Art has been known to be a method of self-expression or criticism of social issues. However, developments in the artistic arena have resulted into more applications of art. In the area of mental health, art has been used as a form of therapy for those who are experiencing psychological distress. This can be in the form of painting, sculpting, drawing, and the like, depending on what the person undergoing therapy prefers.

Where does it happen?

Art therapy may be performed in the clinical setting, under the guidance of a therapist or a counselor. However, it does not necessarily have to be restricted in formal therapeutic settings. One may also adopt such method even at home, in school, or at work without having to consult a therapist. Hence, this is a very beneficial and convenient way of coping with stress as well as alleviating psychological and emotional distress due to its flexibility.

How does it happen?

In the clinical setting, art as a therapeutic method is performed through art-making in the form of painting, sculpting, drawing, coloring, and the like. This entails that a person does not necessarily need to be talented in art since it is emphasized that everyone has the ability to be creative—hence, art therapy is non-judgmental like other therapeutic methods.

The therapist then helps their client interpret the feelings and thoughts that the client poured into their artwork. This allows for the strengthening of one’s connection with the self as well as the ability to resolve one’s problems as they become more self-aware.

Furthermore, it is one way for those experiencing psychological and emotional distress to initially express themselves in a non-verbal manner, since verbal expression is often times difficult for people to manage. This is because people usually experience mixed emotions that it becomes quite difficult to pinpoint what exactly one is feeling. Because one is channeling their thoughts and feelings through art-making, it becomes easier for them to identify those things through their artistic output which may be considered as a physical manifestation of their inner experiences.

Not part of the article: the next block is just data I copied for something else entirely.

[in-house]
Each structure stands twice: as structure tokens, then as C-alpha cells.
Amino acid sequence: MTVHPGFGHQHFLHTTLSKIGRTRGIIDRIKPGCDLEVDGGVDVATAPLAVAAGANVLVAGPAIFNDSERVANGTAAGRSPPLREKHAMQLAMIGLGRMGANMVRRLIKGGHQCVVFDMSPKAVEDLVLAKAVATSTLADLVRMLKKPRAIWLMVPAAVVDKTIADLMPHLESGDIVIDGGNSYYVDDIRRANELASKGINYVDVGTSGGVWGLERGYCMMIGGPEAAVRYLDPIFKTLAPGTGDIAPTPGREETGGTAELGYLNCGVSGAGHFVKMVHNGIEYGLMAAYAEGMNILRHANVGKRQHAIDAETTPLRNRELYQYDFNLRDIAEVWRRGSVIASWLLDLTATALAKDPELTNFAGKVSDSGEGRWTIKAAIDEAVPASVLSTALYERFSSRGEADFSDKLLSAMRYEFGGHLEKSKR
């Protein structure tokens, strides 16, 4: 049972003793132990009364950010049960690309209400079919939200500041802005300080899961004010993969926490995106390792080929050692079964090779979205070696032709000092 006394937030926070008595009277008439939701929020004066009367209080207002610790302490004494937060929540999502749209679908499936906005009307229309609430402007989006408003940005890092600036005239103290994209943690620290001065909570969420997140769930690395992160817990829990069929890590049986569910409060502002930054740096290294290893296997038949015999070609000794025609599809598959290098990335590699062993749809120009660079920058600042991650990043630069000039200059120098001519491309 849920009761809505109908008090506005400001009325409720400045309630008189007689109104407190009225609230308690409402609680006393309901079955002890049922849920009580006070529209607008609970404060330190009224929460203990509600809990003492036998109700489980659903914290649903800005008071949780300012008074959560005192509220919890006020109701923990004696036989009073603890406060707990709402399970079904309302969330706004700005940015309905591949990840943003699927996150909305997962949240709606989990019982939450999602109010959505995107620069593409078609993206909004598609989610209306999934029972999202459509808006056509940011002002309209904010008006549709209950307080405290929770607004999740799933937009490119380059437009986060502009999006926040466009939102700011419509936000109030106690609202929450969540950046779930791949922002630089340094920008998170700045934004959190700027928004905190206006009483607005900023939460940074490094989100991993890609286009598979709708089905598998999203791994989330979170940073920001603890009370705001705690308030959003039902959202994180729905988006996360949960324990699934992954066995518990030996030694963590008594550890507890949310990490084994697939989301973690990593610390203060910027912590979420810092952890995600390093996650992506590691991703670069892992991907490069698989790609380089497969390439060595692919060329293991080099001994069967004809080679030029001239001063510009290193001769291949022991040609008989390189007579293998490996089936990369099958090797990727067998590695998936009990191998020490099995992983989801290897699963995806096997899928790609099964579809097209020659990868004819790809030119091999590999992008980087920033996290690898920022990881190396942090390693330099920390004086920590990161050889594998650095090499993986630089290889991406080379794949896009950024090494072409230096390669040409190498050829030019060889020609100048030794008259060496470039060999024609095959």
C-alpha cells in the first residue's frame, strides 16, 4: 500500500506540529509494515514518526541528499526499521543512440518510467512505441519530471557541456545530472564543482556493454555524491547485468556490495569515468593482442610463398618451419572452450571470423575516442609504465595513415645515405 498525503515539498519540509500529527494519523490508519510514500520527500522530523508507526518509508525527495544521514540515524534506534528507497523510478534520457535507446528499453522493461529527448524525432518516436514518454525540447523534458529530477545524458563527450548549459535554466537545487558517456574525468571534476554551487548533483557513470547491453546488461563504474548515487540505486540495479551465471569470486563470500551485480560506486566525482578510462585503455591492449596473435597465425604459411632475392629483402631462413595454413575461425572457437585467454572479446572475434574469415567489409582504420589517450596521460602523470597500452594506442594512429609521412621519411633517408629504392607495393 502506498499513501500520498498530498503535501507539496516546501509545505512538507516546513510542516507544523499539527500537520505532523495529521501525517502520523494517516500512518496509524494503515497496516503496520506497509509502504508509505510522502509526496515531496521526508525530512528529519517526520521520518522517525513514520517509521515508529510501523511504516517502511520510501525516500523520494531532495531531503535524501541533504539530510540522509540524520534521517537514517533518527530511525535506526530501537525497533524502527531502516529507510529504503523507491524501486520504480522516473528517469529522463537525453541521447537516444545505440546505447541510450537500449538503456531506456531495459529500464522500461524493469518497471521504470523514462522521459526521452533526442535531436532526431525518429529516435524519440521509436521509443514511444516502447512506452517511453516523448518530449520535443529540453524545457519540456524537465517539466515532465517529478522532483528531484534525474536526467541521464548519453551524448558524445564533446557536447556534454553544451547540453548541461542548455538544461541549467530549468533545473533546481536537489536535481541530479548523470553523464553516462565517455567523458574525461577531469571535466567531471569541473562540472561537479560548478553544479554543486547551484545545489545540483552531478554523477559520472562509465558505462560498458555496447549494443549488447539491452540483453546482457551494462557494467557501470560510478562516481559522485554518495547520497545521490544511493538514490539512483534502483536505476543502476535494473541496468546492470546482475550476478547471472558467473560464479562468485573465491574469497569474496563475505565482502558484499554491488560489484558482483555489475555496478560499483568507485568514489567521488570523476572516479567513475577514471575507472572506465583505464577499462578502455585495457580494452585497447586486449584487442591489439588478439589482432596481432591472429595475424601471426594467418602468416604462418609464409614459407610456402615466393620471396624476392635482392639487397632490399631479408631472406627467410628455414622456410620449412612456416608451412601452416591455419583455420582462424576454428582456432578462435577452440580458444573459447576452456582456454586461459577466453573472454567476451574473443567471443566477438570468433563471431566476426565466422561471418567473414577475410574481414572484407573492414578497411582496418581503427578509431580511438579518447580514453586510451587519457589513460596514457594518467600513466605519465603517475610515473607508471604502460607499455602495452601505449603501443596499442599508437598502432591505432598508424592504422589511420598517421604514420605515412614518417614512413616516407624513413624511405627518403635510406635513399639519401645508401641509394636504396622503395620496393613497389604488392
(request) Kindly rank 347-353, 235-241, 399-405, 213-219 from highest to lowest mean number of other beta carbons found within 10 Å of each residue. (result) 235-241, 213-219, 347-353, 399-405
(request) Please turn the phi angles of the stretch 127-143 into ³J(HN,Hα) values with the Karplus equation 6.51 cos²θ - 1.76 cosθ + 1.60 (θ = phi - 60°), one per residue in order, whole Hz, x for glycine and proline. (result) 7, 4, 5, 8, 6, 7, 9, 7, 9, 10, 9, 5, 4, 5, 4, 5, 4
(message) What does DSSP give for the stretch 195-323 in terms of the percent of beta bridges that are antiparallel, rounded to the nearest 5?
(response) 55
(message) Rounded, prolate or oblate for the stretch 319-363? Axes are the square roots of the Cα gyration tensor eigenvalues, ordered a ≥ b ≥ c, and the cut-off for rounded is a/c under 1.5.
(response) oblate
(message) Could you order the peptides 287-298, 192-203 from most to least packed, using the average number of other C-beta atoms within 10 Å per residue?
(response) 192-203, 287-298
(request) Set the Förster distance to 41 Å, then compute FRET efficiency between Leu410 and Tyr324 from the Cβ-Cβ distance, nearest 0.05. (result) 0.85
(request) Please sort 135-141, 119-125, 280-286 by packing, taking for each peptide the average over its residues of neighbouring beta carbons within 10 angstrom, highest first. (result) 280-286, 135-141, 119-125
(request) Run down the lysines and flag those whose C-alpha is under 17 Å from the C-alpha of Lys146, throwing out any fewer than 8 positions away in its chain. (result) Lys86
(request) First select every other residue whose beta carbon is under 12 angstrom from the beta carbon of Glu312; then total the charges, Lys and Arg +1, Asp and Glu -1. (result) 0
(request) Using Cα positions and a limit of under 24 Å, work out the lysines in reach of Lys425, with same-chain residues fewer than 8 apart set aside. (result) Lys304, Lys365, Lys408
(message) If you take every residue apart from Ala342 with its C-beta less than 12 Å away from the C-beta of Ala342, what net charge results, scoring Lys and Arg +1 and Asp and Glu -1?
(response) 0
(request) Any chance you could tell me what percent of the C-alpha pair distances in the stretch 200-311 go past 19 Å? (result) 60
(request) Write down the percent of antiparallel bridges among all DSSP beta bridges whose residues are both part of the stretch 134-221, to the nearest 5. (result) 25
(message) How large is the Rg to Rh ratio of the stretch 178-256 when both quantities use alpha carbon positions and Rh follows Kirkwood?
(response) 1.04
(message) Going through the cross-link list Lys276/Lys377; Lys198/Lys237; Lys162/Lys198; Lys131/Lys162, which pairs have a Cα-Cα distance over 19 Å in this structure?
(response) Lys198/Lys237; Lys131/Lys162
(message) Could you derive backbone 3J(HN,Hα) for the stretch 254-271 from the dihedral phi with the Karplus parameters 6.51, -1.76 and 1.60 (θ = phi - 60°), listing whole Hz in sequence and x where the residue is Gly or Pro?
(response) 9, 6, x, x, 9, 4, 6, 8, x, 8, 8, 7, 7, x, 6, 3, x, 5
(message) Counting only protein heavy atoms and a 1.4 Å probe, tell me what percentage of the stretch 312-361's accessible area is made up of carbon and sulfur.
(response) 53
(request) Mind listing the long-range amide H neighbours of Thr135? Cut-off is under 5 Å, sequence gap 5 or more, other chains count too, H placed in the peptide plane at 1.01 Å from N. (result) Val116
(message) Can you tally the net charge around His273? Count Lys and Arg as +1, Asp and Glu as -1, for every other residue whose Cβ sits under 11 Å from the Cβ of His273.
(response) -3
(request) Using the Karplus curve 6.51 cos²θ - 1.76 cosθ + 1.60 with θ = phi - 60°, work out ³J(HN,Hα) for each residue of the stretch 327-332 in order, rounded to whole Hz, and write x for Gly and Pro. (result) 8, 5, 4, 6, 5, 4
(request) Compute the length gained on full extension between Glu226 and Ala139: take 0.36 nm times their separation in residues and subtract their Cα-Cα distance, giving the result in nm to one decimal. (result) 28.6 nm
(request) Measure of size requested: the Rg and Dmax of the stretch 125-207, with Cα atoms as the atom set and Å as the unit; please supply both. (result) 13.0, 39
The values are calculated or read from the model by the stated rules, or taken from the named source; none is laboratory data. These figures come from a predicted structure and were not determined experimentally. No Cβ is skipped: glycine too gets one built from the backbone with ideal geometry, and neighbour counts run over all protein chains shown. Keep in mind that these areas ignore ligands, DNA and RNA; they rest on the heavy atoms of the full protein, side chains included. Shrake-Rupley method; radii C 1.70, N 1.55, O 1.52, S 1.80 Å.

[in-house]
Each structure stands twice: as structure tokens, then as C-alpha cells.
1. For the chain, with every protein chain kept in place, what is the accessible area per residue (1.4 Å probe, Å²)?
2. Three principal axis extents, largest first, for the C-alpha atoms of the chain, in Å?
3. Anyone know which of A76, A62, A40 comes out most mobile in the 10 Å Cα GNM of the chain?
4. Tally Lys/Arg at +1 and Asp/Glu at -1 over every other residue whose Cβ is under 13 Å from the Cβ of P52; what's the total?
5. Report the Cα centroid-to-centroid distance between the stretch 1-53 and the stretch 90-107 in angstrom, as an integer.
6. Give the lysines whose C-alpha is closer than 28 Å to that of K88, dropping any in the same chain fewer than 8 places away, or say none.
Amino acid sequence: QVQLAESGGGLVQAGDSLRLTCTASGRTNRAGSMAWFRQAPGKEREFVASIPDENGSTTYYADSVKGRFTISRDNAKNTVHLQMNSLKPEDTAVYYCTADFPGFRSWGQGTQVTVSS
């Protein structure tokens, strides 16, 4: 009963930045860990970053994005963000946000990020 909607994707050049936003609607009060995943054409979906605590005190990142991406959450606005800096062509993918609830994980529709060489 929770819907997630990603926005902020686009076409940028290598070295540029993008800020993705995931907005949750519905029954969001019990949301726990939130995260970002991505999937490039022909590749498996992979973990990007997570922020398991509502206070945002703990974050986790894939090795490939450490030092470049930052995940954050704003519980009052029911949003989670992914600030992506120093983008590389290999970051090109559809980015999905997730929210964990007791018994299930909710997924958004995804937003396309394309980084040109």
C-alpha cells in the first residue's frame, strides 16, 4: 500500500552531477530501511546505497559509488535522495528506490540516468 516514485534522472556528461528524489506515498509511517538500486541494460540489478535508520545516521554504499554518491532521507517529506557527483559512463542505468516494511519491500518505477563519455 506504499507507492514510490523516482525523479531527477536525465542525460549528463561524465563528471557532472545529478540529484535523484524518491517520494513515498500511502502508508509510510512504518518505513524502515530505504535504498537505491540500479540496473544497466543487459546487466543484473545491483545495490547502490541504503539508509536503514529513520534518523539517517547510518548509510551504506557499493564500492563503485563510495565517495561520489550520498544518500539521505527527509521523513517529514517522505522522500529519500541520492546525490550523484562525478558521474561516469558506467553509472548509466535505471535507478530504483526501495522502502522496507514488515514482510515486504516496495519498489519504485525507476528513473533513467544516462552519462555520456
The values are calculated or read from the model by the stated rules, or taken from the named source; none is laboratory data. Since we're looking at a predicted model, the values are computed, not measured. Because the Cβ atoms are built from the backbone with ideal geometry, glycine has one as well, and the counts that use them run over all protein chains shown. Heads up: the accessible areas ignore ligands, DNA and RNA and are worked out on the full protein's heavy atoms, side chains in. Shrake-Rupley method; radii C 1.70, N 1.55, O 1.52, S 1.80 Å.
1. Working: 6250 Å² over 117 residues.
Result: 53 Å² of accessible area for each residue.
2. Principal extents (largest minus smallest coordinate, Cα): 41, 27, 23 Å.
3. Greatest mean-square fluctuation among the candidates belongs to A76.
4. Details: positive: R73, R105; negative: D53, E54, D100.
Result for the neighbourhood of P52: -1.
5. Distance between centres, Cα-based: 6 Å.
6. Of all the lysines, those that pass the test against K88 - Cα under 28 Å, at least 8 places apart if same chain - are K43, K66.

These things are also applicable outside the clinical setting as art-making can be used as an outlet for stress, anger, happiness, and other extreme emotions. It may also be used as a way to relax without the expectation of having to explain oneself.

Thus, art therapy is not necessarily a mindless activity. Rather, it may be treated as a form of mindfulness, which is psychological concept described as gently bringing one’s attention to present experiences through meditation and other means.

What can I get from it?

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Such form of therapy has plenty of benefits, among which is the aforementioned flexibility due to its applicability both inside and outside the clinical setting at any point in time. Other psychological benefits, in addition, are listed below.

  • Neural strengthening. During art-making, we actually increase and reinforce neural connectivity in the part of our brains that handles memory, introspection, and self-monitoring.
  • Because art therapy taps into one’s strengths due to its nature of being active, it helps a person notice that they can actually effect change in themselves, both within the clinical setting or outside the therapeutic sessions.
  • Through art therapy, one can actually develop psychological resilience because of the improvement of one’s self-awareness. Because of this, people become more equipped to deal with stress, problems, or unexpected events.
  • Induces positivity. Because art-making can be an enjoyable and creative outlet, it may help in improving one’s mood due to the release of powerful emotions and thoughts through a safe and concrete means. With this, one’s artwork can then help a person internalize the results of the therapy since it serves as a visual reminder.
  • Mindfulness. As was mentioned before, art therapy is a way to practice mindfulness which not only improves self-awareness, but also increases self-esteem since it is rooted in one’s strengths and involves a non-judgmental quality both from the side of the client and from the therapist.

In conclusion, art therapy is one of the most effective ways of improving one’s well-being. Not only does it improve mental health, but the deep-seated connection of the mind and body actually allows for the general strengthening of a person—both in the physical and psychological sense—as a healthy mind greatly influences the entirety of one’s lifestyle.

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